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As Tucson's baby elephant tips the scales at 900 pounds, she's working on balance, speed
Mapenzi’s Milestones

As Tucson's baby elephant tips the scales at 900 pounds, she's working on balance, speed

December was a "really big growth month" for Mapenzi

Tucson’s biggest baby has gotten even bigger.

Last week, Reid Park Zoo’s 9-month-old elephant calf Mapenzi weighed in at 900 pounds, gaining about 85 pounds in the last month.

“It was a really big growth month for her,” says elephant supervisor Cassie Dodds. “She’s a very large calf in perspective to other elephants her age. She’s a big girl.”

Mapenzi — Penzi for short — was born to African elephant Semba on April 6. Mapenzi joined dad Mabu, sister Nandi, brother Sundzu and aunt Lungile at the zoo.

The Star is documenting Penzi’s milestones each month until she is 1 year old.

Mapenzi, the four month old elephant calf, playing in her enclosure at Reid Park Zoo on Aug. 25, 2020. (Josh Galemore / Arizona Daily Star)

"Food-motivated"

Penzi still has that playful energy we know and love, but she has become more “food-motivated” in the last month.

As Penzi’s teeth get stronger, she’s starting to munch on bits of tree bark more and more — even going straight for pieces of bark that her mom drops while eating.

And something Penzi is newly excited about are herbivore pellets, which are made with soy and packed with vitamins for each elephants.

The pellets are usually saved for training opportunities, but sometimes keepers will hide them around the habitat for the herd to search for.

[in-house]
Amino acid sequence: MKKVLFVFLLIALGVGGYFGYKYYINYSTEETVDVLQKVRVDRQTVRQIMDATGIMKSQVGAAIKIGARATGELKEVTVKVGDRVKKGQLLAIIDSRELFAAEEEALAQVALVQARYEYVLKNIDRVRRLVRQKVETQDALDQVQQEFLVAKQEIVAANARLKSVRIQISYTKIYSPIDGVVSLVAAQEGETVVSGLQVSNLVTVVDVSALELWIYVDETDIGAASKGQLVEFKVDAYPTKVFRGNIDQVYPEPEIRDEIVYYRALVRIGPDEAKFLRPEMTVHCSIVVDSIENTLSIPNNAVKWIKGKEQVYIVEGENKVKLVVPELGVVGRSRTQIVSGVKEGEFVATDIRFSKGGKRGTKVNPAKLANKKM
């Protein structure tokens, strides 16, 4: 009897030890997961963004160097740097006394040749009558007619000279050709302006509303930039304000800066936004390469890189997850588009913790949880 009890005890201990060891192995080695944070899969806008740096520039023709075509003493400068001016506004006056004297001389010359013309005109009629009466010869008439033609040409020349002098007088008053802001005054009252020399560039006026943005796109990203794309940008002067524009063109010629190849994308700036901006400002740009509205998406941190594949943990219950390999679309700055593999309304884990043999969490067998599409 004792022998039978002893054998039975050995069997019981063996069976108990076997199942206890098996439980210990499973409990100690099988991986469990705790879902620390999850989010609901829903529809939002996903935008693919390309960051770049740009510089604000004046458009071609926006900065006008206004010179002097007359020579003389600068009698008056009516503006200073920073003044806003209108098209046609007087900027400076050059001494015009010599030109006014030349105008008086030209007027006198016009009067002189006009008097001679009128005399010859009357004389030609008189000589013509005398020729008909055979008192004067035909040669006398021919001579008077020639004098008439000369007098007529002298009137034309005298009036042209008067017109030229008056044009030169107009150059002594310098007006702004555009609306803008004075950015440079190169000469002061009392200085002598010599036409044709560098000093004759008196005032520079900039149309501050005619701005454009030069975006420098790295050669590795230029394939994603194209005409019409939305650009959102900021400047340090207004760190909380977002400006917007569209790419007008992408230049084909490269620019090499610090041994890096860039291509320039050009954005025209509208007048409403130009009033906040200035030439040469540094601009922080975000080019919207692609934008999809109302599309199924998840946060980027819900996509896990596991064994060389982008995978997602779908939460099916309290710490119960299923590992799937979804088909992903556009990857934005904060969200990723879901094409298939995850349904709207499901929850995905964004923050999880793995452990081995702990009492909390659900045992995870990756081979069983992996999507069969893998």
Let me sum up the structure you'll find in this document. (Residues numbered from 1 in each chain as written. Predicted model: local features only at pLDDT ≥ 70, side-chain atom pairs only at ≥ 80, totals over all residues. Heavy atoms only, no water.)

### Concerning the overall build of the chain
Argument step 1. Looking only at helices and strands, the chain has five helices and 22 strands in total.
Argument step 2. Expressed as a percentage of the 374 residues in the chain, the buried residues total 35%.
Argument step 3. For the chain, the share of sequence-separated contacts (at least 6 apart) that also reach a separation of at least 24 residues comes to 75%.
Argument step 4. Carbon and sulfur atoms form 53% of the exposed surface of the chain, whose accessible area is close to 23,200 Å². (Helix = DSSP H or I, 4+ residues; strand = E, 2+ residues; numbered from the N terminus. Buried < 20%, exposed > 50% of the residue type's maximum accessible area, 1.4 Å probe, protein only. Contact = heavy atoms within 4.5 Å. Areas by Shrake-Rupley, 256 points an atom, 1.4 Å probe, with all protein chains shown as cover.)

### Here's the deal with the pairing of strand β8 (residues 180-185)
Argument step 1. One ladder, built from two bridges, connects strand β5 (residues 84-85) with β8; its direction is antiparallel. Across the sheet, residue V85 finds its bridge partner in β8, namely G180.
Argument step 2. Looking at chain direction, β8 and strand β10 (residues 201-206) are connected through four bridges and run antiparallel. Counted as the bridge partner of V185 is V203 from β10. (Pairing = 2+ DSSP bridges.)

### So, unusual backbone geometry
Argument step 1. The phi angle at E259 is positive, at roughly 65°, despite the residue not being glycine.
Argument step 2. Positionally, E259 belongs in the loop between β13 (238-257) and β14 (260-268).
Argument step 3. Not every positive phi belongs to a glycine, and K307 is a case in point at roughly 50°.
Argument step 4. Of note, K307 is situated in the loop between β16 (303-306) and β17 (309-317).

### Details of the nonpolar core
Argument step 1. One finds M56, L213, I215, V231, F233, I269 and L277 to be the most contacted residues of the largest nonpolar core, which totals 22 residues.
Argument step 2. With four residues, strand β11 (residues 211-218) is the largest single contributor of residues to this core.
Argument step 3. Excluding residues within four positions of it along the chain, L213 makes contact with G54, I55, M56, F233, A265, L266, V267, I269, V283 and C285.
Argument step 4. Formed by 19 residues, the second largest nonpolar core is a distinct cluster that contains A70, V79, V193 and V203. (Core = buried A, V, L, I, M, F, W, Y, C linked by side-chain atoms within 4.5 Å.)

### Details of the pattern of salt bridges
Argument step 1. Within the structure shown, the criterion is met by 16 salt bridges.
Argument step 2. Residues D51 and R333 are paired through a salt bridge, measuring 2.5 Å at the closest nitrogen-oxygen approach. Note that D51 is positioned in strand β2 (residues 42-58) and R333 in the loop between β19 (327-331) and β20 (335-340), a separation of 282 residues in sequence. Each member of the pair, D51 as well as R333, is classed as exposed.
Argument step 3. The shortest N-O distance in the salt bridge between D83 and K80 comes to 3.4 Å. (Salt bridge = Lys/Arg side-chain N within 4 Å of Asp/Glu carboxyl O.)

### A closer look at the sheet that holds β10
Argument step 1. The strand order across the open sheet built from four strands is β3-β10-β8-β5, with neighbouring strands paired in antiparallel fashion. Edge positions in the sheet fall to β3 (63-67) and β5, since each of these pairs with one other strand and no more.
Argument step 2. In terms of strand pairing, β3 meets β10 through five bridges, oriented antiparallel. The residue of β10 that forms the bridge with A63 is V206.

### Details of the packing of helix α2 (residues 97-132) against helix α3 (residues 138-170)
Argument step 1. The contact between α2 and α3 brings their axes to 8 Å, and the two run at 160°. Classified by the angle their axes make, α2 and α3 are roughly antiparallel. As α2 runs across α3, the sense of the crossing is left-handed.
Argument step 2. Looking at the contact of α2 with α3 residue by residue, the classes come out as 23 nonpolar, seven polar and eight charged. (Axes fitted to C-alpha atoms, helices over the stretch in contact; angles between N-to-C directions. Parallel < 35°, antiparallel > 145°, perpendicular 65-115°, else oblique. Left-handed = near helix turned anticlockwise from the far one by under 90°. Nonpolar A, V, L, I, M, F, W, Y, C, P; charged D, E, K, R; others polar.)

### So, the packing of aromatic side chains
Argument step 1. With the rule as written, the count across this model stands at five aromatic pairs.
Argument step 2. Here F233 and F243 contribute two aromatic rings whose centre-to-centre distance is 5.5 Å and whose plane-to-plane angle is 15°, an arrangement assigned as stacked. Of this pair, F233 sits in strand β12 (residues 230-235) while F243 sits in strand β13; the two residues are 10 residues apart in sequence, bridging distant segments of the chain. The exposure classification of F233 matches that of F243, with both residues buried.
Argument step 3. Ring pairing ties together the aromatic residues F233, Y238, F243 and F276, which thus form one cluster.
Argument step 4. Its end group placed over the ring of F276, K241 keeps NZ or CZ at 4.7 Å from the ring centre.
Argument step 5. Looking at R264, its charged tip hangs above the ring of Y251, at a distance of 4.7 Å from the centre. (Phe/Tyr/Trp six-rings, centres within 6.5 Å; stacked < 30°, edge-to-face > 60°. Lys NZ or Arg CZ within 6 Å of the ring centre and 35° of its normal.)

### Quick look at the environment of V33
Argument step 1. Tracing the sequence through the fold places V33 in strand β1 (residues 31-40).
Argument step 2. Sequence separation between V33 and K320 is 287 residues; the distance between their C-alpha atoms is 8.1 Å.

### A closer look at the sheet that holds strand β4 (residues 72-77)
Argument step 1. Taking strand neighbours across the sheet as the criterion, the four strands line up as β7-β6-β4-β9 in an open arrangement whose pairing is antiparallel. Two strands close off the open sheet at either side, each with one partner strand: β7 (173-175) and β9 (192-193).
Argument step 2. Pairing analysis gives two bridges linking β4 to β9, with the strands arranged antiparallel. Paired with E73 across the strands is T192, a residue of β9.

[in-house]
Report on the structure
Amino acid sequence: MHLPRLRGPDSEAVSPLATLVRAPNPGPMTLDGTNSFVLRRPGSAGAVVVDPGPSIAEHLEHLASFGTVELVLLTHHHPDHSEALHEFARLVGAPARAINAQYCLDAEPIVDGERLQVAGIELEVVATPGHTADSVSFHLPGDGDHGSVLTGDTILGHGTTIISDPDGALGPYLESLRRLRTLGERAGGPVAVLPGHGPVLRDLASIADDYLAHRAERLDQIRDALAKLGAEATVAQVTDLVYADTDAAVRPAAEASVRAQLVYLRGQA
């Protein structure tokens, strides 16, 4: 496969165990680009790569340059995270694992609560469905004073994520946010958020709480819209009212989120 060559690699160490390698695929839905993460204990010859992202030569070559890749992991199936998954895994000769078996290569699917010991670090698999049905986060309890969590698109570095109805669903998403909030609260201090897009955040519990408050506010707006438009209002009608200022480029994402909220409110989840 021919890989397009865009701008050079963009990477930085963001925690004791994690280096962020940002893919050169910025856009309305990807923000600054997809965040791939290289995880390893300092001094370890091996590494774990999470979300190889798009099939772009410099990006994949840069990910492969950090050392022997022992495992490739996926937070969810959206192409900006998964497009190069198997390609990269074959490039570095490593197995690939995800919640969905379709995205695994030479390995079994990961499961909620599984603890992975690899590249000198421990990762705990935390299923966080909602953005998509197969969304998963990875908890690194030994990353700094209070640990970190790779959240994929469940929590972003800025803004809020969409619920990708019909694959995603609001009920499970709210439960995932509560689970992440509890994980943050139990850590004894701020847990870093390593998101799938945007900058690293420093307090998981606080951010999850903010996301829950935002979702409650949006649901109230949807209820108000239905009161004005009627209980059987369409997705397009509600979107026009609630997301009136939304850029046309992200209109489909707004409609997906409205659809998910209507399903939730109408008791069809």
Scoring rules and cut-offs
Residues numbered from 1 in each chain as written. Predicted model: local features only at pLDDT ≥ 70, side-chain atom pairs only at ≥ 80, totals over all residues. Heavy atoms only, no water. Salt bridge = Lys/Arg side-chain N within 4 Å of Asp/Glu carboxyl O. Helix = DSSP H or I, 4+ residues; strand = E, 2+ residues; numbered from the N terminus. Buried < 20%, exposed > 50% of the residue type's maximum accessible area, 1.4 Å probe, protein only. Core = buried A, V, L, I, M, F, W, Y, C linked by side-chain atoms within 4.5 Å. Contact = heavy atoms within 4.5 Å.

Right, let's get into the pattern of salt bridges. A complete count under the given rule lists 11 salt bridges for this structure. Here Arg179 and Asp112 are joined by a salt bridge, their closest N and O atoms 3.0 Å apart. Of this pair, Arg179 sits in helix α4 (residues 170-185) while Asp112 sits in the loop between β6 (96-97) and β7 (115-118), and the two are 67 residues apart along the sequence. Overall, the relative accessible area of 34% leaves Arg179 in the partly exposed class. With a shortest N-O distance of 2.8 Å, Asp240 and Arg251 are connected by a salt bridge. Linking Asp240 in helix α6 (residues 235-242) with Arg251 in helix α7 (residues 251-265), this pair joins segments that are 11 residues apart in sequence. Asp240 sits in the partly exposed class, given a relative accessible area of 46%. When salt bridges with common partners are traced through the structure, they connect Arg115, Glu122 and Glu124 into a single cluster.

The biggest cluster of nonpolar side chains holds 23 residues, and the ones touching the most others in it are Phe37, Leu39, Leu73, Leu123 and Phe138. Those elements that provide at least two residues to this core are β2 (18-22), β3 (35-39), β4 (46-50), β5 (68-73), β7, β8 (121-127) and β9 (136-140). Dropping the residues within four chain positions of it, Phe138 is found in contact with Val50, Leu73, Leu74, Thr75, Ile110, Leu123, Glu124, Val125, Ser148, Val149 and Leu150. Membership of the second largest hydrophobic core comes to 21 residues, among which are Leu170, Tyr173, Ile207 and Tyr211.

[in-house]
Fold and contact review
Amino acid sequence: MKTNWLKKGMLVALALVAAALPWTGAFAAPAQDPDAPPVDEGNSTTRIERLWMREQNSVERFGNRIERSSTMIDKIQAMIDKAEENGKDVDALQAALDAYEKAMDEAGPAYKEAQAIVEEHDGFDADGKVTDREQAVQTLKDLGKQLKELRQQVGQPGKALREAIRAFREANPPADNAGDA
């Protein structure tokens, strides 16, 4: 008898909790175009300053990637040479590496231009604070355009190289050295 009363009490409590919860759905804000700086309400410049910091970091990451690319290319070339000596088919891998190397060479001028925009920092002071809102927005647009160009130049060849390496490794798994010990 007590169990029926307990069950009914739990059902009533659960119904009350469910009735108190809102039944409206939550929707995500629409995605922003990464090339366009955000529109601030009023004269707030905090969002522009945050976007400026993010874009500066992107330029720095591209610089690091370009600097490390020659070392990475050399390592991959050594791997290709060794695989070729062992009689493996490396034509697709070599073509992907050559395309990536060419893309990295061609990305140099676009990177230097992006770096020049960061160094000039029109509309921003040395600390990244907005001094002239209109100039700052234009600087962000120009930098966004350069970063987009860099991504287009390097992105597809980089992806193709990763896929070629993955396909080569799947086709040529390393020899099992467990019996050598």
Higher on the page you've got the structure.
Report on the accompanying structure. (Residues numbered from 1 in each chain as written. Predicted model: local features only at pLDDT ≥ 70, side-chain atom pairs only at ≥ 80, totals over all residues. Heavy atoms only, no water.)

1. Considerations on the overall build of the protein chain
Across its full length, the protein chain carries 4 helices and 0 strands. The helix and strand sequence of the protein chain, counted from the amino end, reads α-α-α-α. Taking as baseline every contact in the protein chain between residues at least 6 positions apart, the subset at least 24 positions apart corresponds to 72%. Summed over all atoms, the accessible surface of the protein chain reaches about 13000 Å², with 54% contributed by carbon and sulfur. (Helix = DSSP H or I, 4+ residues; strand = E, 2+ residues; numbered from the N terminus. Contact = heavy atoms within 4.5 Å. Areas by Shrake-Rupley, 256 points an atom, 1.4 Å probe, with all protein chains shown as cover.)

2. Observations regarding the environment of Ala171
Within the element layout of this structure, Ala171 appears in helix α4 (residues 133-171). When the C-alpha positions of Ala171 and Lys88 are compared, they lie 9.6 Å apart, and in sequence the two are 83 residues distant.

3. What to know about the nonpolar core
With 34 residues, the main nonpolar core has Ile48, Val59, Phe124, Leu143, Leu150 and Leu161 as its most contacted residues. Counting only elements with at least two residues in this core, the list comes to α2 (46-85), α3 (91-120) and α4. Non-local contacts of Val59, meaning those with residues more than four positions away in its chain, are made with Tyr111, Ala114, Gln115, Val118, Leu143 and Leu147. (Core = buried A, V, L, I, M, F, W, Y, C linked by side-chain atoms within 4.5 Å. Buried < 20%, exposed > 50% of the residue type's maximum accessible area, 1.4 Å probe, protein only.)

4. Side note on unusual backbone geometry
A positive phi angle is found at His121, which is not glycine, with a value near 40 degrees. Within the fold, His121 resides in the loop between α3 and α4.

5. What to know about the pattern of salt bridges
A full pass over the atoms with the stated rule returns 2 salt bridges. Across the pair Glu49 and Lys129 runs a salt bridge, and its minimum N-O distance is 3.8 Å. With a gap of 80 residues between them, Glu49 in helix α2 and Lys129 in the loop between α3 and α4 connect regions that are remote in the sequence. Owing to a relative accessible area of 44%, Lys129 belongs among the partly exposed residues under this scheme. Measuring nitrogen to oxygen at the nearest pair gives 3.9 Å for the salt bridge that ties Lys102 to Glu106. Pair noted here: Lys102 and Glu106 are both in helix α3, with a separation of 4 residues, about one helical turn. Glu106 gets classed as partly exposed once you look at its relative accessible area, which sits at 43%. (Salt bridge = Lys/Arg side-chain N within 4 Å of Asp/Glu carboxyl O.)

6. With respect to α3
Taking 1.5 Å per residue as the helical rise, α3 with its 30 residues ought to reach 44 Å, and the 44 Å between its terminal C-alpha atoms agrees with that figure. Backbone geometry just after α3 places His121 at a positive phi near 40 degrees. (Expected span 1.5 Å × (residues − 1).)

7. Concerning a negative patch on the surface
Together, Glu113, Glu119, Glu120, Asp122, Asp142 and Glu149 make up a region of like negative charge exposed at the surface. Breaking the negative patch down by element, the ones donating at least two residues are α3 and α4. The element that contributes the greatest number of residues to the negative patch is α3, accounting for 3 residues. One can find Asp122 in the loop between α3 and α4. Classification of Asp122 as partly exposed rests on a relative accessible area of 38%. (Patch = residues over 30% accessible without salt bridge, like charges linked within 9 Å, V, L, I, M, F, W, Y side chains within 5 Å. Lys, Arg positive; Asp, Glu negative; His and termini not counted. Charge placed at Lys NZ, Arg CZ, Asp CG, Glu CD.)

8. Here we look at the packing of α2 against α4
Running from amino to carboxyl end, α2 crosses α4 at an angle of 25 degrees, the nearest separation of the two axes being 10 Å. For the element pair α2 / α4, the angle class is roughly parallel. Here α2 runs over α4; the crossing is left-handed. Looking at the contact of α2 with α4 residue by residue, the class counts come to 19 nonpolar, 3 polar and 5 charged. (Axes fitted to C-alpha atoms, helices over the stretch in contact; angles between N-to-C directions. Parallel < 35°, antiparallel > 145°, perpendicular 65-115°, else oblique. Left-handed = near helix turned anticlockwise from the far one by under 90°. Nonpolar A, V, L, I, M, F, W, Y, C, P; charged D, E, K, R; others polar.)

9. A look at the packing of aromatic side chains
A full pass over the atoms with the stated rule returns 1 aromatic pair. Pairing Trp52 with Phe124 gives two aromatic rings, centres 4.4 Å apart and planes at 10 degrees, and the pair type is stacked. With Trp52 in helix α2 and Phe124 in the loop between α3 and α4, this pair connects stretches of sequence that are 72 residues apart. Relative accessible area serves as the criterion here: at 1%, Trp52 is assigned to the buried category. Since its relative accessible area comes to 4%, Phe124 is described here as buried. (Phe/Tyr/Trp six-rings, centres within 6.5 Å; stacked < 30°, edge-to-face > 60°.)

As for her successes with training sessions, Penzi has completely mastered target training.

Training sessions at the zoo are done through positive reinforcement and are voluntary for the elephants. The sessions allow staff to evaluate the elephants and ensure they are healthy.

During target training, keepers put their hand out, inviting the elephants to touch their hand with the tip of their trunk. Target training helps teach the elephants to follow the keepers.

Penzi’s next hurdle is learning to hold still — something she usually doesn’t do for more than a few seconds.

At 9 months old, Penzi enjoys creating muddy slip-and-slides with big sister Nandi.

"Mastering her body"

In the last month, Penzi has been “mastering her body” a bit more, Dodds says. Penzi has been especially excited about her balance and speed.

“She spends a lot of time coming across logs and small objects and toys and trying to balance her feet on them,” Dodds says.

Penzi is also getting faster, often trying to run ahead of the rest of the herd to be the first one at their destination. Dodds says she usually runs and throws her ears out — a sign that she’s excited.

And during training sessions, keepers will call Penzi and Semba by name to get them to come out of the barn.

“She has figured this out and will, almost every time, beat her mom to us,” Dodds says. “She’s learned that when we call, she gets to run really fast.”

Penzi has also started using her nose a bit more — spending a lot of time smelling around her habitat. Considering an elephant’s trunk has 40,000 muscles, it is considered a positive thing to see Penzi learning to use hers.

Penzi is now 9 months old and weighs 900 pounds.

Interacting with the herd

Penzi may have been more food-focused in December, but she’s still playful — even creating DIY muddy slip-and-slides in the habitat with Nandi.

“It makes a big, huge mess,” Dodds says, adding that it’s a fun activity for the sisters and fun for zoo visitors to watch.

Penzi has also been spending more time with her dad, Mabu.

“Her mom, Semba, gets very excited when she’s around Mabu and some of that excitement is absorbed by Penzi,” Dodds says.

Keepers have also noticed protective behaviors among the older elephants and Penzi.

“In the wild, elephants don’t have very many natural predators,” Dodds says. “But at 900 pounds, she’s still at risk of predation — if she was in the wild.”

Whenever Penzi gets scared or sounds concerned when she vocalizes, the other elephants will circle her — a way of making sure she’s protected.

“It’s really neat to see the behavior with the herd here,” Dodds says.

Contact reporter Gloria Knott at 573-4235 or gknott@tucson.com. On Twitter:

@gloriaeknott


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